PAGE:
Some of the quotes in Swiatek's piece attracted my attention:

With such a battle-tested case, the appeals court tends to be more reluctant to overturn a district court's opinion, according to experts.

"Typically, the hardest (case) to overturn (on appeal) is a decision that follows a full-blown trial, like this," said Nicholas Groombridge, a partner and patent expert at the New York law firm of Weil, Gotshal & Manges. "The court of appeals can be very reluctant to substitute its views" for a judge who presided at a lengthy trial.

One need only go back to the Apotex case on paroxetine to find a situation wherein the Federal Circuit was quite willing to substitute its views for those of Judge Posner (of the 7th Circuit, sitting by designation as the trial court judge). In fact, they substituted their views twice. There are plenty of other examples. And one recalls that the reversal rate at the CAFC is about 50%.

Lilly President Sidney Taurel noted: in drug patent cases, "there is no composition-of-matter patent that's been held up at the district court level and overturned on appeal." [One recalls that in the nabumetone [RELAFEN] case, the composition of matter claim of the '639 patent was found invalid both at the district court and appellate level.]

Groombridge also noted: Young's 222-page decision, which states repeatedly that the generic challengers "failed to prove by clear and convincing evidence" the Lilly patent is invalid, "is clearly a high-quality job." That makes it tougher to find appealable issues. "This judge clearly put a great deal of work into this." Groombridge also said the generic challengers will have to focus on just one or a few legal points in their appeal, because appeal briefs are limited to about 50 pages and oral arguments last just 15 minutes per side.

Gary D. Street, a Cincinnati-area patent attorney who's followed the Zyprexa case for Wall Street investment firm clients: The court has "two different factions, and one is kind of anti-patent and one is kind of pro- patentYou never know what the (three-judge) mix is going to be."

Friday, April 15, 2005

Myths in provisional patent applications

from Intellectual Property Today, Dec. 2002, Provisional Patent Application, Reality and Myth:

The lack of a requirement for a claim in a provisional application might appear more significant, at least on the surface. Nevertheless, even if one does not formally submit a set of claims, it is difficult to imagine being able to satisfy the written description and enablement requirements of § 112 without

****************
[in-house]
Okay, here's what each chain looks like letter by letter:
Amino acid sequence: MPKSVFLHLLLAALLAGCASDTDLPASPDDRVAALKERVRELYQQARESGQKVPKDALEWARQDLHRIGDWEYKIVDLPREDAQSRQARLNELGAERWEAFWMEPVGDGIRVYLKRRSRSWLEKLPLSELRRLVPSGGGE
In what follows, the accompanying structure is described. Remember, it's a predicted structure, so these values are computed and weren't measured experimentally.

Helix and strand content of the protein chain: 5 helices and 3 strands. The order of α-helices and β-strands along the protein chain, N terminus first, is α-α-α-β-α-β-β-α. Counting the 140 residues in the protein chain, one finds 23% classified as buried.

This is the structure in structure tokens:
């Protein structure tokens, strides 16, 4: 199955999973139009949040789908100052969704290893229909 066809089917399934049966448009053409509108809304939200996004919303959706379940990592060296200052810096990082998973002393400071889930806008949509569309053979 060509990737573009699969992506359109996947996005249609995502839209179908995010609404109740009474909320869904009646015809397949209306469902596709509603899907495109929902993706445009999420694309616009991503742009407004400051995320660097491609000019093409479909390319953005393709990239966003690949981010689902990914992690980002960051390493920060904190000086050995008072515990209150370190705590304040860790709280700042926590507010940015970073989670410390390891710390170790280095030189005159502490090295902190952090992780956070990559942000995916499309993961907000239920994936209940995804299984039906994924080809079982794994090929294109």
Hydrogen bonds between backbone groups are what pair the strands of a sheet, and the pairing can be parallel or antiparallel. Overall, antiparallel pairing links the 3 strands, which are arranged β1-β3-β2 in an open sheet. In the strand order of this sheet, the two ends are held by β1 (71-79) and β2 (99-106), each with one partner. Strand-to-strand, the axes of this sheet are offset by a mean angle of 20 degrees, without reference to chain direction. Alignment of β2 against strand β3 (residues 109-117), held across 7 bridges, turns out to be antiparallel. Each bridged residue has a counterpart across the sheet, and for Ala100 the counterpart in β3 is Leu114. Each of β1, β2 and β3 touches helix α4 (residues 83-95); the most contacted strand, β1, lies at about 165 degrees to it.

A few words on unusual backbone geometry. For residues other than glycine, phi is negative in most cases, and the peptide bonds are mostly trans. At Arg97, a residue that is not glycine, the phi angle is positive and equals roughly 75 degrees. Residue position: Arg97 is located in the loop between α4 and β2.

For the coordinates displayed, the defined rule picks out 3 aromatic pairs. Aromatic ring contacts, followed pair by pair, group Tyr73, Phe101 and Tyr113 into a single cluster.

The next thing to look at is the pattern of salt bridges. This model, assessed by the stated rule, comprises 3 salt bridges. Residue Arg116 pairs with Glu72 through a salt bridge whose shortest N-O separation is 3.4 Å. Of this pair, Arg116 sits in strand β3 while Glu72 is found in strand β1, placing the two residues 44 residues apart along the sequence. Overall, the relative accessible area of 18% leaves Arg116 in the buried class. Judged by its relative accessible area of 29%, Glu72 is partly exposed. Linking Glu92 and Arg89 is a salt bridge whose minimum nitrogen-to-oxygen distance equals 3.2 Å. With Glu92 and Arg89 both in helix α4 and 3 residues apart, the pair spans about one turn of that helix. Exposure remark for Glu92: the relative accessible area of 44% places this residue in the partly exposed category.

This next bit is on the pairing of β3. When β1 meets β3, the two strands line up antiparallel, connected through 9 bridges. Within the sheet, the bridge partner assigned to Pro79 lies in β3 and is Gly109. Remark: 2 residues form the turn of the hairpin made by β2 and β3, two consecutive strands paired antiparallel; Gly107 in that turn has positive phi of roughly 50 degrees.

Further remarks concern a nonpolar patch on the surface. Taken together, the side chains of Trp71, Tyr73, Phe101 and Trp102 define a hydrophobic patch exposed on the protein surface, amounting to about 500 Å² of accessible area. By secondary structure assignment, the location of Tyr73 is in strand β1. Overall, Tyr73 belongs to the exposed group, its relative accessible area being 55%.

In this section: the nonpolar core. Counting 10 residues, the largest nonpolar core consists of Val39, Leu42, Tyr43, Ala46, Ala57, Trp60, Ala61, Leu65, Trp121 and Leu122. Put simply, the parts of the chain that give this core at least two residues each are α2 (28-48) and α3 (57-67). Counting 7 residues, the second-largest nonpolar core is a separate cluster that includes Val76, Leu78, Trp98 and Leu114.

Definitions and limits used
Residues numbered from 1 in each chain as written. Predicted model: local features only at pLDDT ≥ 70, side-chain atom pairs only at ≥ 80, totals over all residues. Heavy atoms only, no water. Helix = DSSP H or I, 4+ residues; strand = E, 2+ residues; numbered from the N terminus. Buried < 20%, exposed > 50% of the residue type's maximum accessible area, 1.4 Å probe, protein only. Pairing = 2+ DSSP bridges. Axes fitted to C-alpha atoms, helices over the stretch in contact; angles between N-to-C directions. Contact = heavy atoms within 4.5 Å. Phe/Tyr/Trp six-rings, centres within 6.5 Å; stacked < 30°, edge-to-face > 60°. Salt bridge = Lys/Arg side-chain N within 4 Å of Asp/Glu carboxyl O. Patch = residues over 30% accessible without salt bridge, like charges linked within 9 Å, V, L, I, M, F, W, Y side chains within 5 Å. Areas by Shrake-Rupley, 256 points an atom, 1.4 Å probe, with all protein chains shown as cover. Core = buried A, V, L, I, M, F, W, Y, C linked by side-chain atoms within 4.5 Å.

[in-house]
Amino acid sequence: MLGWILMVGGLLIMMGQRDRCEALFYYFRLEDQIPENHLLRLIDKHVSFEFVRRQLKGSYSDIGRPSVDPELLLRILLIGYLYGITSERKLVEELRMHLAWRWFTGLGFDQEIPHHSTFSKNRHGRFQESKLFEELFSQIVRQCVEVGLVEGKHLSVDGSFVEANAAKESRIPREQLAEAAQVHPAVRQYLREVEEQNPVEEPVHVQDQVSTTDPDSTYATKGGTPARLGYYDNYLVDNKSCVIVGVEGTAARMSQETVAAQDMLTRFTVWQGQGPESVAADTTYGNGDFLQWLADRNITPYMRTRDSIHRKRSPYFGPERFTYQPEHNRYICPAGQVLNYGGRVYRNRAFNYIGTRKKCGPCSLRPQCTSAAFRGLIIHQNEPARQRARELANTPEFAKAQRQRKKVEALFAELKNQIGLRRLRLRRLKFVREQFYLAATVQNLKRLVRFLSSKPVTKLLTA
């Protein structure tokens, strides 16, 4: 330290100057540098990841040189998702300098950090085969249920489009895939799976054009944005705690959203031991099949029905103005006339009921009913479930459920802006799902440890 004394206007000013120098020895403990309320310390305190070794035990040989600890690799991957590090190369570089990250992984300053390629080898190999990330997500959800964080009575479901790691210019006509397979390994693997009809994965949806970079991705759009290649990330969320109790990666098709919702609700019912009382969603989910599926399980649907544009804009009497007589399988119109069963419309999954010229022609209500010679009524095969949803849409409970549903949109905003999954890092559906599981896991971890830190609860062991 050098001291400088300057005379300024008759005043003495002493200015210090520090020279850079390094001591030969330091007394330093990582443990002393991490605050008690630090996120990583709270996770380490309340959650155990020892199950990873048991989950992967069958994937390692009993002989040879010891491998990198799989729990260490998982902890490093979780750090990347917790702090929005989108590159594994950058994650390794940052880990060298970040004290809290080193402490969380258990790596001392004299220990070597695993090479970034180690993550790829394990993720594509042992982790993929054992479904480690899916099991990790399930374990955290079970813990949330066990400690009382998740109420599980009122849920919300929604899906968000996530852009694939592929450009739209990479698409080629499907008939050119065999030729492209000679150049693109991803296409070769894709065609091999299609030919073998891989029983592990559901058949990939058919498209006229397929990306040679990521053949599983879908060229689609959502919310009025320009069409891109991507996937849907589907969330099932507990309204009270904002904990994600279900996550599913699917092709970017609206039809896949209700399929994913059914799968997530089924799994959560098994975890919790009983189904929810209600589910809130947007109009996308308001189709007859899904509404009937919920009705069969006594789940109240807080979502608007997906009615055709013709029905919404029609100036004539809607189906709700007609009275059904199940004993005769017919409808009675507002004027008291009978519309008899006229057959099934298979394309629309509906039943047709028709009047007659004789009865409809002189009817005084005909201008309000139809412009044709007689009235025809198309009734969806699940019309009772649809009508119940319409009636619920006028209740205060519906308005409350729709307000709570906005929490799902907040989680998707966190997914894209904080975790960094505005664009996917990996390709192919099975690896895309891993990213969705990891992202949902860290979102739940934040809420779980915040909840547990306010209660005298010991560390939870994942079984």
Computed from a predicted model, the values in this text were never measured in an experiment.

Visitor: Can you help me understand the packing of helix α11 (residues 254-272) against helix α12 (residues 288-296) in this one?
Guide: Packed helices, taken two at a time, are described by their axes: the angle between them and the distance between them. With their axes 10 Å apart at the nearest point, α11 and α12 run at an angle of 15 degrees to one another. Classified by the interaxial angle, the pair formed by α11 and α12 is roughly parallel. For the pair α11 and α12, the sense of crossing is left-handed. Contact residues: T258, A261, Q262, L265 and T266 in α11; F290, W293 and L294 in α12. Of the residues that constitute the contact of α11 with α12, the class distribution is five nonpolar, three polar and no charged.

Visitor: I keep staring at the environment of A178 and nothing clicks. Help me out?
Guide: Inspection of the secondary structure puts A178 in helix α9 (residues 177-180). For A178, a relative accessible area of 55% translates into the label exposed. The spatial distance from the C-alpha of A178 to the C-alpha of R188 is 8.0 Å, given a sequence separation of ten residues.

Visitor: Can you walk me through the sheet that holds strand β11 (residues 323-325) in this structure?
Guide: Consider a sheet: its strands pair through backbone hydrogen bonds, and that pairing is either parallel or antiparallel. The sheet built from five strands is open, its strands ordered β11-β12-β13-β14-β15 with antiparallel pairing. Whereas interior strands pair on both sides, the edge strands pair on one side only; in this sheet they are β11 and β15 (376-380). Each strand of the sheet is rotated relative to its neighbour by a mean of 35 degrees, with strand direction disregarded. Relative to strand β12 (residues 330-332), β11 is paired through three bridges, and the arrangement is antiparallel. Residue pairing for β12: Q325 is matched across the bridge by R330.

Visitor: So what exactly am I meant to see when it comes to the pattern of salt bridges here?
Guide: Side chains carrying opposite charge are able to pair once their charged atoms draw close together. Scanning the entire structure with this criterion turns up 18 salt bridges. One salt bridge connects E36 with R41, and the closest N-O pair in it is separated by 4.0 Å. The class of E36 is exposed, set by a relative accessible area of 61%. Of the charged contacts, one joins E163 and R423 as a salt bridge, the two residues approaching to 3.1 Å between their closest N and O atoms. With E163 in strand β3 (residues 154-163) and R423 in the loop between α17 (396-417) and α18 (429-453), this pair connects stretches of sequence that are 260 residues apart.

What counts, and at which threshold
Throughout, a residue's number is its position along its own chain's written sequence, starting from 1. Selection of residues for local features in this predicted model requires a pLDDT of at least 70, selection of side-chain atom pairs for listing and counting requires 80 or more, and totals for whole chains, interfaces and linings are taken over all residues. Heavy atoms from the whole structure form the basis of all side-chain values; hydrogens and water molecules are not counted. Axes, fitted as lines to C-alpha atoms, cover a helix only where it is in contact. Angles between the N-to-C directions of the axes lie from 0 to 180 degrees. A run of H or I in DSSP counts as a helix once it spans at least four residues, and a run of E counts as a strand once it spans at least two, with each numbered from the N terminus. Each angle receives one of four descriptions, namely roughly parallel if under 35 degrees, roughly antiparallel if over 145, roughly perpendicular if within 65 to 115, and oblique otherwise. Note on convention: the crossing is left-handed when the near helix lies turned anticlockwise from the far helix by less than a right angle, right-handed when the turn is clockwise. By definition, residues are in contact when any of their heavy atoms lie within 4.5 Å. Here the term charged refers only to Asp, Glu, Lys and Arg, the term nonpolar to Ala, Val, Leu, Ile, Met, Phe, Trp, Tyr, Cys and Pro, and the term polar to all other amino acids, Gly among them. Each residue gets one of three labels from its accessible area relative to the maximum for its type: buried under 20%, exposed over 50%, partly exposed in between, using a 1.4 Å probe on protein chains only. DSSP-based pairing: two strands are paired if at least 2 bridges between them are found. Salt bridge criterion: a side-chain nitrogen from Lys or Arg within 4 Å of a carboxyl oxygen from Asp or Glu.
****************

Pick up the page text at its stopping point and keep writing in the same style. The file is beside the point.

knowing precisely what one intends to claim up to twelve months later upon filing a non-provisional application. n5 In this regard, the Court of Appeals for the Federal Circuit (CAFC) has stated the following in regard to satisfaction of the written description requirement of § 112:

. . . the applicant must also convey with reasonable clarity to
those skilled in the art that, as of the filing date sought, he or she was in possession of the invention. The invention is, for purposes of the 'written description and
inquiry' whatever is now claimed.


The USPTO's depiction of the provisional application as being
"quick" and "inexpensive" appears to have addressed concerns among many small businesses and academic institutions. Perhaps as a result, many applicants may have been lured
into believing that a minimal invention disclosure could secure the
filing date of a provisional application in a later-filed non-provisional application.

In fact, an article by Kowalski et al. published shortly after the
legislation leading to provisional applications took effect stated that universities believed the provisional application procedure would enable an inventor to submit a draft manuscript prior to publication. n36 According to these authors: "The provisional application, however has not proved to be the answer." n37

One of the comments expressed doubts that a provisional application
filed without a claim could ever contain a sufficient disclosure to provide the basis for a foreign or U.S. priority date. The response of the USPTO was that claims were not required, but could be filed in a provisional application if so desired, and be considered as part of the disclosure.

Harvard Law's Laurence Tribe reprimanded

from Associated Press, April 15, 2005: